After Netanyahu talks, Macron warns of Iran nuclear 'consequences'
French President Emmanuel Macron denounced on Thursday the "headlong rush" of Iran's nuclear program after talks with Israeli Prime Minister Benjamin Netanyahu, who was in Paris to seek a stronger European stance against Tehran.
In a statement released after a dinner meeting in the Elysee Palace, Macron warned that Tehran continuing with the atomic project "would inevitably have consequences".
Israel has long accused Iran of seeking a nuclear weapon, while Tehran insists its nuclear program is aimed solely at generating energy.
Netanyahu hopes Iran's role in supplying drones to Russian invaders in Ukraine, as well as its crackdown on protests at home, will prompt Western allies to drop any pursuit of a revival of the 2015 atomic program deal.
The prime minister has also said Israel is considering sending military aid to Ukraine, apparently dropping its more neutral stance over the conflict in the hope of securing a more confrontational Western position towards Tehran.
By "playing the Ukraine card", Netanyahu hopes to "consolidate an anti-Iranian front" with the West, said David Khalfa at the Fondation Jean Jaures, a Paris-based think tank.
He hopes for "increased sanctions against Iran and the full addition of the Revolutionary Guards to the list" of sanctioned entities, Khalfa added -- a step both France and Germany have so far resisted.
France agrees that "firmness" is needed in dealings with Iran, a diplomatic source told AFP earlier, saying the nuclear program had reached "a dangerous point" and highlighting Tehran's role in the Ukraine war.
Siding with Ukraine is not without risk for Netanyahu, as Russian air defenses deployed in neighboring Syria could be turned against Israeli aircraft during their occasional raids on Iranian interests there.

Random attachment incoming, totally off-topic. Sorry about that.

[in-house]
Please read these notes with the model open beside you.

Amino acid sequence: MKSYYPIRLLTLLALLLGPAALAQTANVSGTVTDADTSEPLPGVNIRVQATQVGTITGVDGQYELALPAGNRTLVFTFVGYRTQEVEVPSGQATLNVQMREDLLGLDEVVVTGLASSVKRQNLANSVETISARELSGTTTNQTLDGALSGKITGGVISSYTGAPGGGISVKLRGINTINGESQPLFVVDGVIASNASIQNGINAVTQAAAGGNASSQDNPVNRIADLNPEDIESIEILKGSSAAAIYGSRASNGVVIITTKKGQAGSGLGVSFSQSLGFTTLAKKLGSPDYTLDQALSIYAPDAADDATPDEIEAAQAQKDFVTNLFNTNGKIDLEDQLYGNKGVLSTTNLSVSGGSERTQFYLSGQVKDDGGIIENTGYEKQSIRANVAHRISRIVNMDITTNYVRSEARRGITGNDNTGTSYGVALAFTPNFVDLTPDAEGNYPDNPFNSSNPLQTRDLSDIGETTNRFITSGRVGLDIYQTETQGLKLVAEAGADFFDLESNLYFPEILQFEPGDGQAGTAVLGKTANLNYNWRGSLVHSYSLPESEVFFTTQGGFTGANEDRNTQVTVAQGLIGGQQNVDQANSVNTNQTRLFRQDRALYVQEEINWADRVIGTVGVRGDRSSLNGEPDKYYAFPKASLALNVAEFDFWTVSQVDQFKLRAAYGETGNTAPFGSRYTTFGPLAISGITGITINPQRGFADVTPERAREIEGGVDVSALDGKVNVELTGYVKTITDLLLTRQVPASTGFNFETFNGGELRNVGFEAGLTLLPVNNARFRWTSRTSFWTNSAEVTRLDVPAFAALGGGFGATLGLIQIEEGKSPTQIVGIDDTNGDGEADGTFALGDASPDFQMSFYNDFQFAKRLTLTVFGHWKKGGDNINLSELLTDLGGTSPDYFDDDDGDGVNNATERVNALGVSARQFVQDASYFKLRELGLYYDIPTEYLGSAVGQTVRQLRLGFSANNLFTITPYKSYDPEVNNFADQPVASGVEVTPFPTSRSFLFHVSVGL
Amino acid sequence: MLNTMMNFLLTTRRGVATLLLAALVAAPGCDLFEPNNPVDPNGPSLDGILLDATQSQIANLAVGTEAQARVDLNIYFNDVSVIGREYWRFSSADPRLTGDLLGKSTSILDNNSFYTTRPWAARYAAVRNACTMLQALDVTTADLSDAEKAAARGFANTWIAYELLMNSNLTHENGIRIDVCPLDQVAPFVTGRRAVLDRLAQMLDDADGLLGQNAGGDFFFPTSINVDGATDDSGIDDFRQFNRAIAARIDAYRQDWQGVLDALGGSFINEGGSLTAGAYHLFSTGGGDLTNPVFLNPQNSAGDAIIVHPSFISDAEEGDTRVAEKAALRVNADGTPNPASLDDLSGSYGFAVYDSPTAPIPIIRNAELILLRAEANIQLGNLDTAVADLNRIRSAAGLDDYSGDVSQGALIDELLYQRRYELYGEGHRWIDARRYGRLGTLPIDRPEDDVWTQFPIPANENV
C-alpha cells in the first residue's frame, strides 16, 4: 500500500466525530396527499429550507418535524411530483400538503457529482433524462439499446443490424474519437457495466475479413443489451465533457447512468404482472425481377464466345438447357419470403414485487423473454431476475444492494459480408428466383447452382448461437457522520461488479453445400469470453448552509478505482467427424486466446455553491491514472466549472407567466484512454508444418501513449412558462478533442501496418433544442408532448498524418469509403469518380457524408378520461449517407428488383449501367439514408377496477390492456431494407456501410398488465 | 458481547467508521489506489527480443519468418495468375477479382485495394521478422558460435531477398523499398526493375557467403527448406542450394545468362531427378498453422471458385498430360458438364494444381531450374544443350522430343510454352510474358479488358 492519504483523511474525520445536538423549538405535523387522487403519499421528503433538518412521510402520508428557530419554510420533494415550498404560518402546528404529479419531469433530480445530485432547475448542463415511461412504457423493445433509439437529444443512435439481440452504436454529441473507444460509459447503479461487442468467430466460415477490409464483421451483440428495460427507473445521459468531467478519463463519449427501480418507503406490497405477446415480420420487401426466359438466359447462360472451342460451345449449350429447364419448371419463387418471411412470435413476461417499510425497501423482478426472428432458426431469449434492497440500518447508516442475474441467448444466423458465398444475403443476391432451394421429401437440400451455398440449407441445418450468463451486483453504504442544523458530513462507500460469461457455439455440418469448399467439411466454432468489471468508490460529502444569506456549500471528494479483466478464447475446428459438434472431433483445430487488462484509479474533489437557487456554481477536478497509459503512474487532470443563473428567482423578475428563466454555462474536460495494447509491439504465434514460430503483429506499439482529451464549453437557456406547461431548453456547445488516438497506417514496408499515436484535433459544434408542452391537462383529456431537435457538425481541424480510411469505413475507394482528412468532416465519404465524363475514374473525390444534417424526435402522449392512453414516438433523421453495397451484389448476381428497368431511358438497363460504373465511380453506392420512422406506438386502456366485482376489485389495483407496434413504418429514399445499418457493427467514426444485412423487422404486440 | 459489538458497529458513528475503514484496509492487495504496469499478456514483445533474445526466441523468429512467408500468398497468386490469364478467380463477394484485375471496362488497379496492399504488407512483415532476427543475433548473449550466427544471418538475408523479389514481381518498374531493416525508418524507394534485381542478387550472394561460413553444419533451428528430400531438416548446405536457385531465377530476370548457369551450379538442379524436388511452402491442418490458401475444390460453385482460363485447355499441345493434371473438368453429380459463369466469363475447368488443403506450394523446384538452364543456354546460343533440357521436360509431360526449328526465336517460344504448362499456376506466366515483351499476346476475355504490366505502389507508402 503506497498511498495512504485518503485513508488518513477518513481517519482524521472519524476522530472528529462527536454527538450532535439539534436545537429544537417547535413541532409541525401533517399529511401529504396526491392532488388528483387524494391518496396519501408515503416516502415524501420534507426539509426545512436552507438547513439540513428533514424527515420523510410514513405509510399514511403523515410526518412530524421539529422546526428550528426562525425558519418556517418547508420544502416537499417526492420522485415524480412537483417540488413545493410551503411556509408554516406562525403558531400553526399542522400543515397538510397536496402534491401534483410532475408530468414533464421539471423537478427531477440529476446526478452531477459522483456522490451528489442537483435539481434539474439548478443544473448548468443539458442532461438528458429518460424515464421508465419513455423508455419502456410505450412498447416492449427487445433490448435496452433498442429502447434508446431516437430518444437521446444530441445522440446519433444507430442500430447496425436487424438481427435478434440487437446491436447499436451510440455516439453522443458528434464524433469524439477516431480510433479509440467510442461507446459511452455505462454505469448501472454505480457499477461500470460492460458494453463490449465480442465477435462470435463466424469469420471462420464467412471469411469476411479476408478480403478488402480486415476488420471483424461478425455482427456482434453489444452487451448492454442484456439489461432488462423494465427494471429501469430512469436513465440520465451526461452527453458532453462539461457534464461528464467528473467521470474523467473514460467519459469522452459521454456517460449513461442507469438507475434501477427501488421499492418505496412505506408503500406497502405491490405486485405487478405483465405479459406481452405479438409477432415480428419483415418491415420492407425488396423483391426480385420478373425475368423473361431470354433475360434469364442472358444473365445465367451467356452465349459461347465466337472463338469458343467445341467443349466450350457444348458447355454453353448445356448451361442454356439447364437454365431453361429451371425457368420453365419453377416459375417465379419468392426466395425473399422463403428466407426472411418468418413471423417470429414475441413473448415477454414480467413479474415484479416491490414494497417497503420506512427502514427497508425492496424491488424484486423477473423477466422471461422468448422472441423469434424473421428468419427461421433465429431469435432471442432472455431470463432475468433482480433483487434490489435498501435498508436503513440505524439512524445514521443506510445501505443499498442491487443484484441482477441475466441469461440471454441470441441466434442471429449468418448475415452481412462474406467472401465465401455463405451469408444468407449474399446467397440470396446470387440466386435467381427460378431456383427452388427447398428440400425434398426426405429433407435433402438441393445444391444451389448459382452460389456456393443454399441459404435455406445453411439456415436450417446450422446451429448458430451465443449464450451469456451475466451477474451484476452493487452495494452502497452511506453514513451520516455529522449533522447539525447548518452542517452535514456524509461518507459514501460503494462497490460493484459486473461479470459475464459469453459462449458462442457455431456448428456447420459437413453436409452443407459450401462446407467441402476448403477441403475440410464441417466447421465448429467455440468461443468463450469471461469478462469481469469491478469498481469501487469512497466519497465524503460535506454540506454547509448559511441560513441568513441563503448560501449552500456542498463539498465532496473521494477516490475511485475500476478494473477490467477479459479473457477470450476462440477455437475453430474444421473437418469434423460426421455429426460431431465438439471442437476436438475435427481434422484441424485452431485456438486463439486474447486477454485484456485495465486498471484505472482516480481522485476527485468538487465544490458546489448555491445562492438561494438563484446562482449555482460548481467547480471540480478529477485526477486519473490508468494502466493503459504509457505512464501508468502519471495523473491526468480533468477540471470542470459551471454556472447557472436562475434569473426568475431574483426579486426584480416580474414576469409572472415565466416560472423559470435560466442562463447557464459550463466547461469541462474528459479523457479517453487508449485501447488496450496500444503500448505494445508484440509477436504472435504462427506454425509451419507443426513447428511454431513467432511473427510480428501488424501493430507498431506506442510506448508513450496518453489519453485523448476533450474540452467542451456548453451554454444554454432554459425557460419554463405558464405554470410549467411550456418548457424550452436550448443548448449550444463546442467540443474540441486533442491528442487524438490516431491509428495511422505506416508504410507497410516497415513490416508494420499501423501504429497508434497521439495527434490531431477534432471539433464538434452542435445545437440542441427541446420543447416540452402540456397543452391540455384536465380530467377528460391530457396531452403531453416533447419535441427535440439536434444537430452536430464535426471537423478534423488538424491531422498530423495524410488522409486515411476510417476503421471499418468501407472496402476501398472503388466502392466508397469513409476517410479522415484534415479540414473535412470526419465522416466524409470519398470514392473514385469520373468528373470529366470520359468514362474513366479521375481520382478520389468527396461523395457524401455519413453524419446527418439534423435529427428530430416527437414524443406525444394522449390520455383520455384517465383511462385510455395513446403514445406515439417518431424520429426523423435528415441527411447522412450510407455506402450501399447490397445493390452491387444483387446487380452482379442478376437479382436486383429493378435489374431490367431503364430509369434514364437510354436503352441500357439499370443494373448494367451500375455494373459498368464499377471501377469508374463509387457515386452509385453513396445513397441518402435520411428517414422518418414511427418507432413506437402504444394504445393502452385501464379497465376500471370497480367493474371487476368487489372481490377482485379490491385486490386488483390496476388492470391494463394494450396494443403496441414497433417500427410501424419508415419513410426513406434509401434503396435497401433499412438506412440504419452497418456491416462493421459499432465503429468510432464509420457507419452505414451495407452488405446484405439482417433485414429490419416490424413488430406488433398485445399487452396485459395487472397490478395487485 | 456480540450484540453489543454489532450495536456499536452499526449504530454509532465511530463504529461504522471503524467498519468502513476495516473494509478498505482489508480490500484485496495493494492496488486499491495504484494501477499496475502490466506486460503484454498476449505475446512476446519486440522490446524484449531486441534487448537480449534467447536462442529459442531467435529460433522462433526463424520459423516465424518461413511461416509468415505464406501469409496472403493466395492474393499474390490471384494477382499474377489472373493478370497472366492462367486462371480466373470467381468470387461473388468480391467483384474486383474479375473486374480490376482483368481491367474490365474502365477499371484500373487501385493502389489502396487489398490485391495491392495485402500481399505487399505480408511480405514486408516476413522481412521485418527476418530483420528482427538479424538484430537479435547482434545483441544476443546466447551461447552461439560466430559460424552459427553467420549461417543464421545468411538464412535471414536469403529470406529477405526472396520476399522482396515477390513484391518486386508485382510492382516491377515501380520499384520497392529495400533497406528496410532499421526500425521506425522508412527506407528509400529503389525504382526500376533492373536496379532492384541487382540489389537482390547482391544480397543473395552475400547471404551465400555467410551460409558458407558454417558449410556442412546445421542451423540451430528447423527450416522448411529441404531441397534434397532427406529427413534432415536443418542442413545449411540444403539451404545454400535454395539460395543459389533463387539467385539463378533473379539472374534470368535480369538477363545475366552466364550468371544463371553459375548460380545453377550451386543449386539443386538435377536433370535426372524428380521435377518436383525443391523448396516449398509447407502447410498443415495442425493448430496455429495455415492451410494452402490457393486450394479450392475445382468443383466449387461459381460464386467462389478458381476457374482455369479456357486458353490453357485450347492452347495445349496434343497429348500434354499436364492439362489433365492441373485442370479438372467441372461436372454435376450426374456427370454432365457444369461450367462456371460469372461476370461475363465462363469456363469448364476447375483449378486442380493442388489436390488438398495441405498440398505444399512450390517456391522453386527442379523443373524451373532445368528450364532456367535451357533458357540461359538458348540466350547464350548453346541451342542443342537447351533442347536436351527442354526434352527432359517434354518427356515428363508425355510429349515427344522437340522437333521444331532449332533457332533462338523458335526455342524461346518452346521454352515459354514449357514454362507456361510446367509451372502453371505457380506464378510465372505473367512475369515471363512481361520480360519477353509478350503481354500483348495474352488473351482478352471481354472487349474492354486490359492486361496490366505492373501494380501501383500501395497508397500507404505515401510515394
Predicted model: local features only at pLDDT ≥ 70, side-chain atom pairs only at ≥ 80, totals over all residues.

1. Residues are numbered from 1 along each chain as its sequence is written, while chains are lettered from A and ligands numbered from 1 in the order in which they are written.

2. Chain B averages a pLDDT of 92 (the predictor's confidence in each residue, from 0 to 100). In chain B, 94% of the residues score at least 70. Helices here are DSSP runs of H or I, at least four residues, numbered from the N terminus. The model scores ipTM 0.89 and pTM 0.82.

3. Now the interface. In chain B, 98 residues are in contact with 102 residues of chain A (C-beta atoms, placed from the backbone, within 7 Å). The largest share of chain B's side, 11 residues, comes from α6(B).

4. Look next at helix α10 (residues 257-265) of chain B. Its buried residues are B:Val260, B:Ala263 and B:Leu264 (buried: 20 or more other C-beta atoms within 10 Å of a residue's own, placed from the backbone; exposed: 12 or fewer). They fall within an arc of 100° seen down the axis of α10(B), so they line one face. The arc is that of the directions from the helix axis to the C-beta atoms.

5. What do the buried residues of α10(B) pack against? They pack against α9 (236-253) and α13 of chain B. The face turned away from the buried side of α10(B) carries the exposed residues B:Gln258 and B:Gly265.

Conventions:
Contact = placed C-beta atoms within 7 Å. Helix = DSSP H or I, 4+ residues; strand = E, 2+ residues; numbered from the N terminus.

- Tensions mount -
Iran also holds several foreign citizens who are considered political hostages by Western governments.
Netanyahu's visit came after a weekend drone attack on a defence ministry facility in the Iranian city of Isfahan, which Tehran has blamed on Israel.
The New York Times and The Wall Street Journal, citing unnamed officials, have said the attack was carried out by Israel's Mossad intelligence agency, though this has not been confirmed by Israel.
Netanyahu visits as violence has intensified between Israelis and Palestinians with Israeli warplanes striking the Gaza Strip early Thursday, drawing Palestinian rocket fire in retaliation.
Last Friday, a Palestinian gunman shot dead seven people outside a synagogue in an Israeli settler neighborhood of annexed east Jerusalem.
It was the deadliest attack targeting Israeli civilians in more than a decade, and came one day after an Israeli raid in the West Bank killed 10 Palestinians.
Macron's office said before the get-together that the French leader would also "reiterate the need for all sides to avoid measures likely to feed the cycle of violence" between Israelis and Palestinians, while offering "France's solidarity with Israel in the face of terrorism".
Staying in France until Saturday, Netanyahu is also set to meet French business chiefs and leaders of the country's Jewish community, the Israeli embassy said.
Judicial reforms planned by the prime minister's latest coalition of right-wing, far-right and ultra-Orthodox Jewish parties have raised the hackles of some business executives, notably in the financial sector, who have threatened to quit Israel.